As the coronavirus pandemic continues to surge through the nation, a concerning “shadow pandemic” is quietly growing as well. Many cities and states, including Chicago, are reinstituting stay-at-home advisories and orders to protect communities from COVID-19. Unfortunately, an unintended consequence has been the increase in intimate partner violence (IPV). With the tightening of stay-at-home regulations, the health care system cannot overlook those suffering behind closed doors.
IPV includes physical violence, sexual violence, emotional abuse, and stalking. IPV can affect anyone and is one of the leading causes of homicide in women. During the COVID-19 pandemic, homes have become an even more dangerous place for individuals experiencing IPV. They have to spend the whole day at home with little access to outside support or childcare services, and stressors in the home are exacerbated due to social isolation, compact living situations, economic hardships, and unemployment. The pandemic’s impact on IPV also differentially impacts vulnerable populations such as minority women, undocumented immigrants, and those with mental health conditions.
Early data from the COVID-19 pandemic related to IPV is difficult to assess due to under-reporting to law enforcement agencies, under-utilization of existing social services, and the challenge of collecting self-report data during a global pandemic. To interpret the pandemic’s impact on IPV, data has been gathered by looking at call traffic to various domestic violence hotlines globally. For instance, calls to a domestic violence hotline in the U.K. increased by 25 percent within the first week of stay-at-home measures, and similarly, a Vancouver crisis line experienced a 300 percent increase in calls during the pandemic.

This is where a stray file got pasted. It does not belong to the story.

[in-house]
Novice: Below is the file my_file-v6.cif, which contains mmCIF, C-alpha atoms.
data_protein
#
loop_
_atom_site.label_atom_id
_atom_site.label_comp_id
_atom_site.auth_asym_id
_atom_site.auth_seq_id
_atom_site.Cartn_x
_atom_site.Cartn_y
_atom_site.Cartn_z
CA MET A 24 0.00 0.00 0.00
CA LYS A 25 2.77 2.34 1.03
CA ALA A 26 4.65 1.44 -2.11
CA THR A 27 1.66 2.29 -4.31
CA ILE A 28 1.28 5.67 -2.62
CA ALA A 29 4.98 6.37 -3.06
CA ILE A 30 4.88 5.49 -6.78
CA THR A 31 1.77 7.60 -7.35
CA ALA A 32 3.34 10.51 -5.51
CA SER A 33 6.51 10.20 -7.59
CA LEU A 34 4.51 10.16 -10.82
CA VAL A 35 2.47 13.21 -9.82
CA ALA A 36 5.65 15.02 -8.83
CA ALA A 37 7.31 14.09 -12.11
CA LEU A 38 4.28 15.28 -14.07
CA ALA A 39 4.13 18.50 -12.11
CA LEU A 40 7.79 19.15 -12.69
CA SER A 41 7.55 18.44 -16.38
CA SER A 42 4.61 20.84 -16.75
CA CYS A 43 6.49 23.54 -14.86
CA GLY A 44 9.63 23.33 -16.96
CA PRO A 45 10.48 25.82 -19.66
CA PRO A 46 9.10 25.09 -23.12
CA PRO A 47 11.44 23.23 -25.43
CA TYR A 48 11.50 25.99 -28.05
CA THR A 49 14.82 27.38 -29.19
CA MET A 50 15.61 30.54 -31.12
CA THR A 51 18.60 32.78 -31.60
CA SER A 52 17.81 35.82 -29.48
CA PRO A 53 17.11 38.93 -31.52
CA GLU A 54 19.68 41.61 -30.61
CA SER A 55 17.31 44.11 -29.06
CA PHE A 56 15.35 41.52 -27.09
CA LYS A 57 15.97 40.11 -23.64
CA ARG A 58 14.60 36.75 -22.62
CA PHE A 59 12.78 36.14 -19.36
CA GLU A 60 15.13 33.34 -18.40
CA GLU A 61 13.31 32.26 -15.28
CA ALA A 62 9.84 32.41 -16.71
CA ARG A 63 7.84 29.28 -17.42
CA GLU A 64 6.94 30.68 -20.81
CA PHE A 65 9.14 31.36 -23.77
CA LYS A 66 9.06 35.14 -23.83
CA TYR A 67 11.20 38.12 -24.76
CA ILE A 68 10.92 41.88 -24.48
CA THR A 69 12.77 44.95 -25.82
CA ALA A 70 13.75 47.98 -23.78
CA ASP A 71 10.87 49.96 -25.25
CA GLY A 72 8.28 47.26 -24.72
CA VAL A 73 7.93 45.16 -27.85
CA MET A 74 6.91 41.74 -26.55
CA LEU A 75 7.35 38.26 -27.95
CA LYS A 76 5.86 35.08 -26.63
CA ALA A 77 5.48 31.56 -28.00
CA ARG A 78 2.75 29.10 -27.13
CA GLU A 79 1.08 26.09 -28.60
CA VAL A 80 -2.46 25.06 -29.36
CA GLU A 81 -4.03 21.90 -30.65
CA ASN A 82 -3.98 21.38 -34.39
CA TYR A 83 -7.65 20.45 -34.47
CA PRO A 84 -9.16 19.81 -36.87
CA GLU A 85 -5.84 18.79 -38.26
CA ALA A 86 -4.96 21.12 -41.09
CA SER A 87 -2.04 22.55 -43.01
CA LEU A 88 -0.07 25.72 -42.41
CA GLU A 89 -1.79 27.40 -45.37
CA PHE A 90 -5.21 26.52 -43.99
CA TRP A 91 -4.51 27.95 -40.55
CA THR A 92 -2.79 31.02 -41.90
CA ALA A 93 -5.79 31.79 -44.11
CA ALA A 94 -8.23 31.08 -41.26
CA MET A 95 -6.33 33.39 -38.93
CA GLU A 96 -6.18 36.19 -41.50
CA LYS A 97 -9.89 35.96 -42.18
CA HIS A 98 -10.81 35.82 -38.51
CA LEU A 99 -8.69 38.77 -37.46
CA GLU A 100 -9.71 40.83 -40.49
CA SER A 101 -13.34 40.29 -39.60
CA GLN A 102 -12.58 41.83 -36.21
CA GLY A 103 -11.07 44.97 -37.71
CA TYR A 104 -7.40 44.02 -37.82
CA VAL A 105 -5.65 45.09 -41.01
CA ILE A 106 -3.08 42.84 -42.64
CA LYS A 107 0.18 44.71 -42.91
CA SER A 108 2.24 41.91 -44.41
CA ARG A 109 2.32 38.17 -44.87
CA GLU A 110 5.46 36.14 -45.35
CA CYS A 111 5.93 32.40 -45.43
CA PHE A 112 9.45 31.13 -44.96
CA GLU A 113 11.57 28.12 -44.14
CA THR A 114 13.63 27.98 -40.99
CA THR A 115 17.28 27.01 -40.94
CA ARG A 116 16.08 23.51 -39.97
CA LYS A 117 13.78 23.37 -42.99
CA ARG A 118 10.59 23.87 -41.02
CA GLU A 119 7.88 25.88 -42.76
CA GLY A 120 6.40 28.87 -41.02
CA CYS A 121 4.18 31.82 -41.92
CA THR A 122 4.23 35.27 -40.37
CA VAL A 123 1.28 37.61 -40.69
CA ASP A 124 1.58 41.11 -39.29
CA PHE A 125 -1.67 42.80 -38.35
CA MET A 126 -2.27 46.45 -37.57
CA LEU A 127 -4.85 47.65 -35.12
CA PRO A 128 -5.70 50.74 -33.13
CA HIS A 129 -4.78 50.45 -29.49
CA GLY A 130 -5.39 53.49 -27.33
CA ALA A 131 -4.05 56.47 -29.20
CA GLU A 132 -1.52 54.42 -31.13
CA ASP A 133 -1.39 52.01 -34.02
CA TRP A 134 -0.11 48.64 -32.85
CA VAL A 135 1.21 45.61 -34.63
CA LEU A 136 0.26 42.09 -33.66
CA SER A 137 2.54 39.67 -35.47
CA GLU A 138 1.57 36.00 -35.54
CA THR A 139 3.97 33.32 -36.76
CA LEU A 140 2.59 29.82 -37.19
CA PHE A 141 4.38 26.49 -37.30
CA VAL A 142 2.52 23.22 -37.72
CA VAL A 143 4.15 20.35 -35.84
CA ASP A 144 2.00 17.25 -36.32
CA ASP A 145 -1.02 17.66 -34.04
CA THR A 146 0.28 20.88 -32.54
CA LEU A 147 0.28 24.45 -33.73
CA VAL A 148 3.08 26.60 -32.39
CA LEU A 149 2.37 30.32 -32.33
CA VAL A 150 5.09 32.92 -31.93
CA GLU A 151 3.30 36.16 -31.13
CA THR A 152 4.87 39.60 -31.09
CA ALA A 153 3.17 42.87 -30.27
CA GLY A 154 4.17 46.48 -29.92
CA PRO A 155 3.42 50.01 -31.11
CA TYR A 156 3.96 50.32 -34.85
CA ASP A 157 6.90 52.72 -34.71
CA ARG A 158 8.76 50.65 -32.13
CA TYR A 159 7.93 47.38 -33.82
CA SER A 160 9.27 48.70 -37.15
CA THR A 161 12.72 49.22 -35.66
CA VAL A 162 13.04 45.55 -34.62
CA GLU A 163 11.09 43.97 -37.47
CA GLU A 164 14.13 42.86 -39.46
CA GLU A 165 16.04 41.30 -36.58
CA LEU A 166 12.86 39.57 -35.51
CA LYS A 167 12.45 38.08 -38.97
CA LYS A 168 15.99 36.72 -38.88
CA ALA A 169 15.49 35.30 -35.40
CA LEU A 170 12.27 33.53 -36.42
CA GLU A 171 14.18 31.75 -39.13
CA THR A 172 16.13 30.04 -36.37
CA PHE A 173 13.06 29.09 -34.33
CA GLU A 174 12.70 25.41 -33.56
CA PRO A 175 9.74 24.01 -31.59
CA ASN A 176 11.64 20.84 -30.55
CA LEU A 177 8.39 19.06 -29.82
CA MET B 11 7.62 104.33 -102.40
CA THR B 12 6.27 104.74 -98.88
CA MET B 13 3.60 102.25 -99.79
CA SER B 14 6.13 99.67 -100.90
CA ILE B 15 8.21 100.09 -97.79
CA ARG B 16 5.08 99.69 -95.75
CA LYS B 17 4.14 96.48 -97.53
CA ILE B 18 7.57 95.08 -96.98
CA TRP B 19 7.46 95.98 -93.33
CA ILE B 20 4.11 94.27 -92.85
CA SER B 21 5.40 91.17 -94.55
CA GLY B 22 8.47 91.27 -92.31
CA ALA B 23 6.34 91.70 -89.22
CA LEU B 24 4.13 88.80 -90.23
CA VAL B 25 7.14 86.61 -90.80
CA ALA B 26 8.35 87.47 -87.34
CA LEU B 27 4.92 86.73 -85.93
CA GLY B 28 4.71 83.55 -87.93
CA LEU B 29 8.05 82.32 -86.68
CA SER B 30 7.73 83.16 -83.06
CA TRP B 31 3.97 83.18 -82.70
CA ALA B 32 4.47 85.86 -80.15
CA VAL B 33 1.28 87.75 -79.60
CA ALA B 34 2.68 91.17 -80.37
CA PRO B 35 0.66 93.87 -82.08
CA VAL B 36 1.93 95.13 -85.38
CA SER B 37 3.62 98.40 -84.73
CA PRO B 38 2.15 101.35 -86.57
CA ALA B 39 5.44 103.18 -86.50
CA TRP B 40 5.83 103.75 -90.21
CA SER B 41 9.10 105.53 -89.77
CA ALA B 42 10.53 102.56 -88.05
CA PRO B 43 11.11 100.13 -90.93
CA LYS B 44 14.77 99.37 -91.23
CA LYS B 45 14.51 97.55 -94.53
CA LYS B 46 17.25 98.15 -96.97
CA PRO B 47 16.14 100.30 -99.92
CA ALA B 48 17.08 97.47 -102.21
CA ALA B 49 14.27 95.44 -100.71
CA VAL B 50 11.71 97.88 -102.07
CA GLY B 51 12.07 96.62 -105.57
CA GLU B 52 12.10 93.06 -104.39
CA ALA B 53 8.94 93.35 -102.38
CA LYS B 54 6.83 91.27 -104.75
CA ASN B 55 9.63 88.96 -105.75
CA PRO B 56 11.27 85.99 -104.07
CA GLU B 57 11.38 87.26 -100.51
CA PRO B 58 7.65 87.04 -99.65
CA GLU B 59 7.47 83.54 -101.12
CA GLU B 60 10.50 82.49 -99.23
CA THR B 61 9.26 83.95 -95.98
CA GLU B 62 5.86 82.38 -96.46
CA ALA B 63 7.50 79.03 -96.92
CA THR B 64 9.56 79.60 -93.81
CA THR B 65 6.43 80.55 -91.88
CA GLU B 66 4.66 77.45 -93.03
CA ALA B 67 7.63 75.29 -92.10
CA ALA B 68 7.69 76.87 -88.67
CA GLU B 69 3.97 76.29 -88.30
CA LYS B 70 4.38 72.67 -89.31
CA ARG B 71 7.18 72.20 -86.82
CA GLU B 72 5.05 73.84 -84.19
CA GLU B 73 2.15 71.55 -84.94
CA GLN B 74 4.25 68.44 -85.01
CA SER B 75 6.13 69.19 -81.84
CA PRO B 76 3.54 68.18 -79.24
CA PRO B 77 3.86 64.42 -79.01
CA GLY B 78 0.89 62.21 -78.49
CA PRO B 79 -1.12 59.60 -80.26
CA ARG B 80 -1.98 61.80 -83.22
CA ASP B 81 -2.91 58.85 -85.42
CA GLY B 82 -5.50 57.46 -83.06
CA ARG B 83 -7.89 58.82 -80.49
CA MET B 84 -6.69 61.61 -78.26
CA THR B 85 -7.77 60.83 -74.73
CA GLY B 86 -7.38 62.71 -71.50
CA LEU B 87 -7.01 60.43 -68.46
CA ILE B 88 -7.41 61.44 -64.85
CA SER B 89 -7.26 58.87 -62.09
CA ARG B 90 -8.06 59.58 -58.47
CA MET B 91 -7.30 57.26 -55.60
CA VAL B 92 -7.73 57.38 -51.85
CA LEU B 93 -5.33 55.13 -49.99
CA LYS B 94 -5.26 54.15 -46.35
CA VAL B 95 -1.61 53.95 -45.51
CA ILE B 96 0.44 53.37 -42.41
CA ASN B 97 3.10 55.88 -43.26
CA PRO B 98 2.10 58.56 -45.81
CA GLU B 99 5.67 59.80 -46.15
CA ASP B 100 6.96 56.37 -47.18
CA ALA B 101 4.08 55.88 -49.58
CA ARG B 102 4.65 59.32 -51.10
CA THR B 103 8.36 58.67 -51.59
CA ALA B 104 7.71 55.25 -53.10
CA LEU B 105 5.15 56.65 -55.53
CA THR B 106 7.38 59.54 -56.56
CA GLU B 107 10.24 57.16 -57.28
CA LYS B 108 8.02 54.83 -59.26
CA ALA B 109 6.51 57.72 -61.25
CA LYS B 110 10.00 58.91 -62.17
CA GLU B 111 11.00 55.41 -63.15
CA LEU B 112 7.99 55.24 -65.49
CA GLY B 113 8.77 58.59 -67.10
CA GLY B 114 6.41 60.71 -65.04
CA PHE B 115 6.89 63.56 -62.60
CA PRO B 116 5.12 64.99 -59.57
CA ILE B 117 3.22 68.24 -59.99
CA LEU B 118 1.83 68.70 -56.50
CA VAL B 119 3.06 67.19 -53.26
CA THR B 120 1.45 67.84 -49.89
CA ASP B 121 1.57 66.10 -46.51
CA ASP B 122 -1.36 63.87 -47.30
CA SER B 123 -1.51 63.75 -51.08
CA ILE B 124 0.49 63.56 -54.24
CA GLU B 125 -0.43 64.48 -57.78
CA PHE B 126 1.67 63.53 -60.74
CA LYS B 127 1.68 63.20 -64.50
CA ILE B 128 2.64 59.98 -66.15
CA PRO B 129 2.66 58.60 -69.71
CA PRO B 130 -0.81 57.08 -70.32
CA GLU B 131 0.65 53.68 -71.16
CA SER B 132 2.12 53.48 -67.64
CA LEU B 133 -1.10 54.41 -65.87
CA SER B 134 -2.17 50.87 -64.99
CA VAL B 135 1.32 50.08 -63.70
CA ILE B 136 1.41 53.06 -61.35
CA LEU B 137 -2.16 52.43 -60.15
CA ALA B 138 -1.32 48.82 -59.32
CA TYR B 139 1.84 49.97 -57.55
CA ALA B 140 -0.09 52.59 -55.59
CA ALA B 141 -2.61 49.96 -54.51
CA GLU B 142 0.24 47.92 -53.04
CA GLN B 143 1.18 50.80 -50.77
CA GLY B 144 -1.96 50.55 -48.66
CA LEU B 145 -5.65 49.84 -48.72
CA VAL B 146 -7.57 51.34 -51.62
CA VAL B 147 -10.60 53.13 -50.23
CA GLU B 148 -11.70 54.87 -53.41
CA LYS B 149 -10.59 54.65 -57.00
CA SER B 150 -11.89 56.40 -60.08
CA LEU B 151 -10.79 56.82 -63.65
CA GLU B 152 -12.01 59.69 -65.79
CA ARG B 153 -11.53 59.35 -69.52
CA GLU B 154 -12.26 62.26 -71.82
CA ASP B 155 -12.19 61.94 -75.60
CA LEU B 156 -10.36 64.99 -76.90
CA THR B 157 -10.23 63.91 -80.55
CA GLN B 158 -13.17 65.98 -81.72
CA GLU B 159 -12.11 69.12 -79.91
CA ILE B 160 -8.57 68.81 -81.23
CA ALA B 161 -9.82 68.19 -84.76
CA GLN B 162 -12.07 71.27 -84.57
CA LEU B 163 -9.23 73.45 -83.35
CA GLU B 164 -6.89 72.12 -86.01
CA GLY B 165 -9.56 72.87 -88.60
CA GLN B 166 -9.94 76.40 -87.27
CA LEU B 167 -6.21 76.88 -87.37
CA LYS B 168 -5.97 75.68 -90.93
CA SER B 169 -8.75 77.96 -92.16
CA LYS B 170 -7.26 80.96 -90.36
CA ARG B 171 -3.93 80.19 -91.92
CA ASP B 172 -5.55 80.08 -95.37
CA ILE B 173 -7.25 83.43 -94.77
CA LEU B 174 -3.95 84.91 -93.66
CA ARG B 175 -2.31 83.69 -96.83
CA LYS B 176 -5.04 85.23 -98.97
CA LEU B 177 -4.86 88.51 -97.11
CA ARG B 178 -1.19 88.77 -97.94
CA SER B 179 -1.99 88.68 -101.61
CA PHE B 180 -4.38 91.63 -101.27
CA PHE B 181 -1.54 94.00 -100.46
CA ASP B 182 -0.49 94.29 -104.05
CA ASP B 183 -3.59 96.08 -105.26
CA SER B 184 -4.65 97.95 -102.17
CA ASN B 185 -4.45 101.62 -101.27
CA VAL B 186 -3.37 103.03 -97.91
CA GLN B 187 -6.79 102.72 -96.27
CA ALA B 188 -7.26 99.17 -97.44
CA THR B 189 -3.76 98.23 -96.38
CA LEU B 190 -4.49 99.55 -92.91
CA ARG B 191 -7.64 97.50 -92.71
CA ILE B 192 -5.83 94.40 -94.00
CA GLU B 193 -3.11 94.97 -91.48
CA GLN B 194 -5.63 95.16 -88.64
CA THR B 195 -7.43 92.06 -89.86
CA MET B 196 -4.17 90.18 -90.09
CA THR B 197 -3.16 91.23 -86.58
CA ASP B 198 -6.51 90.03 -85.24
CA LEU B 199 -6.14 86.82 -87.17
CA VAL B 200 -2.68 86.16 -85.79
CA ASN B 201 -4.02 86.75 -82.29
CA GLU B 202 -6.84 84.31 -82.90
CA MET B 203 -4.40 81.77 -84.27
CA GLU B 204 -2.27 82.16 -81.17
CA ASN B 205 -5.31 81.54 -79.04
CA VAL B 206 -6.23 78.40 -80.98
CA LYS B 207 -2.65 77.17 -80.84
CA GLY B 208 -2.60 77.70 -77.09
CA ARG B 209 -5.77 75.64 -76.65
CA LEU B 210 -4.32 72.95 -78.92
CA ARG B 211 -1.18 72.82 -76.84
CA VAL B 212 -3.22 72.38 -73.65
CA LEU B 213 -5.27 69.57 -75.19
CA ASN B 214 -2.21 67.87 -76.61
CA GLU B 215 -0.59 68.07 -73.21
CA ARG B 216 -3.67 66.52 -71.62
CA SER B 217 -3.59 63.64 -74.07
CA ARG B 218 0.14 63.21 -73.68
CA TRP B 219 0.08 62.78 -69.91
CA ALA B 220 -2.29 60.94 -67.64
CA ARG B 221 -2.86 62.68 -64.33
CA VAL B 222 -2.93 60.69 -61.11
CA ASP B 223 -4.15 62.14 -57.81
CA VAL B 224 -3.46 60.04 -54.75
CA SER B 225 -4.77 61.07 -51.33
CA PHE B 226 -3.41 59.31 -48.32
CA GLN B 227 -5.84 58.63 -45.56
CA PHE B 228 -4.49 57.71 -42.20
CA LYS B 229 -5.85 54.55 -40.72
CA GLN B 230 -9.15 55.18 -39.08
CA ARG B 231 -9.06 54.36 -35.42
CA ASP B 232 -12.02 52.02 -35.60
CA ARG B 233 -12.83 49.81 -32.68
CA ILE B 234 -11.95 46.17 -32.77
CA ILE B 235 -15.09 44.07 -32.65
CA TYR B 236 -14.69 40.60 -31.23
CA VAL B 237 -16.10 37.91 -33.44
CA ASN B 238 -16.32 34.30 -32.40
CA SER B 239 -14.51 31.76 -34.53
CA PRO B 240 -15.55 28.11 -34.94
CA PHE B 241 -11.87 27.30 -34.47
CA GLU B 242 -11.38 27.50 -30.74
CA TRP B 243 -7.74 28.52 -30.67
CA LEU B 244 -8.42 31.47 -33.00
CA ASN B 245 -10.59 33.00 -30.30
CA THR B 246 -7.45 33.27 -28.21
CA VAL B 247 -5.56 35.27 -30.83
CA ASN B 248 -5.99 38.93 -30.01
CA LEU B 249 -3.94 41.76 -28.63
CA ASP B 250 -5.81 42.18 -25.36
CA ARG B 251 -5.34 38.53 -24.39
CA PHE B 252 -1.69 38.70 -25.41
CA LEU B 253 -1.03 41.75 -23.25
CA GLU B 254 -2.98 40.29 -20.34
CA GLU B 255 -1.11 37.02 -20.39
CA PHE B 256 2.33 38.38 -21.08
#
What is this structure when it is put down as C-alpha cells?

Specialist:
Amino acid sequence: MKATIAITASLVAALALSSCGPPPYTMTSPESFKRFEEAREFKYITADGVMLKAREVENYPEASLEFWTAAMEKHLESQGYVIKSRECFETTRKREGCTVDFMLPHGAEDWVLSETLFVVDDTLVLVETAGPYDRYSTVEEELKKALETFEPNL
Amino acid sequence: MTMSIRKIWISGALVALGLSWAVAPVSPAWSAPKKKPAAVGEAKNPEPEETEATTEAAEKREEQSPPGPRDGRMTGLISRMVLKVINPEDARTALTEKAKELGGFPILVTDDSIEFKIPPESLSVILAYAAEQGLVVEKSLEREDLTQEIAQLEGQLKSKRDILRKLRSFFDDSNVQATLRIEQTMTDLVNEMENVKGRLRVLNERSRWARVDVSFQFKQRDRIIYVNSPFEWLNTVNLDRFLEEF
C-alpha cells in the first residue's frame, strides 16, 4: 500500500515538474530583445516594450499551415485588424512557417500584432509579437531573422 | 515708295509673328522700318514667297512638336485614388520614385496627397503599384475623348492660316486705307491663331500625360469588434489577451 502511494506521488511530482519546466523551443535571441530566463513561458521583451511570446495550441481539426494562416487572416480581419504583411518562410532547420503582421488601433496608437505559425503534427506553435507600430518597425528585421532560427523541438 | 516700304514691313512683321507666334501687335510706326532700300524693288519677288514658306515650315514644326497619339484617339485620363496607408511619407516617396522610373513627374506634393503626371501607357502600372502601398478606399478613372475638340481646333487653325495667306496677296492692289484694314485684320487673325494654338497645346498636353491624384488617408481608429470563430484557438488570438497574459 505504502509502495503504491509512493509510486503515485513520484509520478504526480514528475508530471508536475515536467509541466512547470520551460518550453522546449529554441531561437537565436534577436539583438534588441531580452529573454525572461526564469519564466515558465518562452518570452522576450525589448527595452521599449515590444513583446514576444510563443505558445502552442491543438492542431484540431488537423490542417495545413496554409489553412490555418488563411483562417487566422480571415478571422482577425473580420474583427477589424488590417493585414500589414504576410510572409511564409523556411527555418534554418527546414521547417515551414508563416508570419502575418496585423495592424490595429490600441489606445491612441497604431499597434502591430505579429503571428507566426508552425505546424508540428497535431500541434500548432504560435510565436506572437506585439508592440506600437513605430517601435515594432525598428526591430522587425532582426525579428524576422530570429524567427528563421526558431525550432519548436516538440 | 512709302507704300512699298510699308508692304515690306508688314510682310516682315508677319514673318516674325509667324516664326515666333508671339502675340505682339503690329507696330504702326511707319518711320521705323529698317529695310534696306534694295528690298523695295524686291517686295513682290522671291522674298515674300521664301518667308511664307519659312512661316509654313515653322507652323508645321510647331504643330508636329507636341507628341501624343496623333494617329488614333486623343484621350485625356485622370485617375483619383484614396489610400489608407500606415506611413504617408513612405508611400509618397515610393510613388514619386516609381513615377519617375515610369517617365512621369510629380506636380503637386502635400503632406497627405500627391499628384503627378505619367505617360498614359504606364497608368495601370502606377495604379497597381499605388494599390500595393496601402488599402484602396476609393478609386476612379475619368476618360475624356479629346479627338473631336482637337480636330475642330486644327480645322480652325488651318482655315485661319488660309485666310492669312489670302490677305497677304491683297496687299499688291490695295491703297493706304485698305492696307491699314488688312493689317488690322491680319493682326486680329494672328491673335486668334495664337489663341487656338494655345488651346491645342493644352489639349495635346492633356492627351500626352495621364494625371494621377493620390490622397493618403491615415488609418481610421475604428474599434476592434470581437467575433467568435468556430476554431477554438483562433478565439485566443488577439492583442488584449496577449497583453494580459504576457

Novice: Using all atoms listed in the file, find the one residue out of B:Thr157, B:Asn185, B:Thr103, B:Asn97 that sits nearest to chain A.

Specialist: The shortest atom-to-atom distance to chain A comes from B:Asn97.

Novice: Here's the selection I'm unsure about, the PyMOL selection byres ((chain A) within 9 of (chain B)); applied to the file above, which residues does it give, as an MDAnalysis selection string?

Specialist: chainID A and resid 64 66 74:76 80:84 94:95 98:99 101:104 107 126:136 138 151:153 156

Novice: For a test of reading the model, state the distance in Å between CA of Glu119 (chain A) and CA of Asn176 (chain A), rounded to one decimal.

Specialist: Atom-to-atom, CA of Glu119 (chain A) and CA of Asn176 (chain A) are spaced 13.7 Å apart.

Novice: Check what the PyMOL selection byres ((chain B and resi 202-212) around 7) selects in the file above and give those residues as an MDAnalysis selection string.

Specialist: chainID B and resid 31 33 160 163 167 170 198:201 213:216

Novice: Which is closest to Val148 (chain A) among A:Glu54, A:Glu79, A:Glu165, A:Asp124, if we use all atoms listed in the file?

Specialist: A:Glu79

In Chicago, the Chicago Police Department has seen a 13 percent increase in domestic violence-related service calls since the pandemic started, compared to the same time last year. From March 21 to April 22, 2019, the Illinois Domestic Violence Hotline received five text messages, while in 2020, during the same time frame, the number was 118, an increase of over 2,000-percent. This massive increase in text messages likely represents changes due to stay-at-home orders in which people were less able to safely make a phone call. Now, more than ever, it is essential to have effective and timely IPV screening and intervention.
Oftentimes, the doctor’s office serves as a first-line screening for IPV. The American Medical Association (AMA) recommends that all medical centers develop a clear IPV screening policy. Throughout training, physicians are taught to create a safe screening environment, identify physical signs of abuse, engage in sensitive, empathetic, and non-judgmental conversation, and provide additional resources for help. Patients are asked, “Do you feel safe at home?” at visits in hopes of identifying patients that might benefit from additional care, counseling, or referrals.
However, the transition to primarily telehealth visits during the pandemic has disturbed this process. It may be hard to evaluate physical signs of abuse through a webcam and nearly impossible through a phone. Additionally, it is difficult for a physician to ensure a safe space for screening in a telehealth environment. In the clinic, health care workers can ensure a completely private conversation, whereas via telehealth, the same cannot be said — while they may ask about privacy at the start of the encounter, the perpetrator may be nearby and simply out of frame.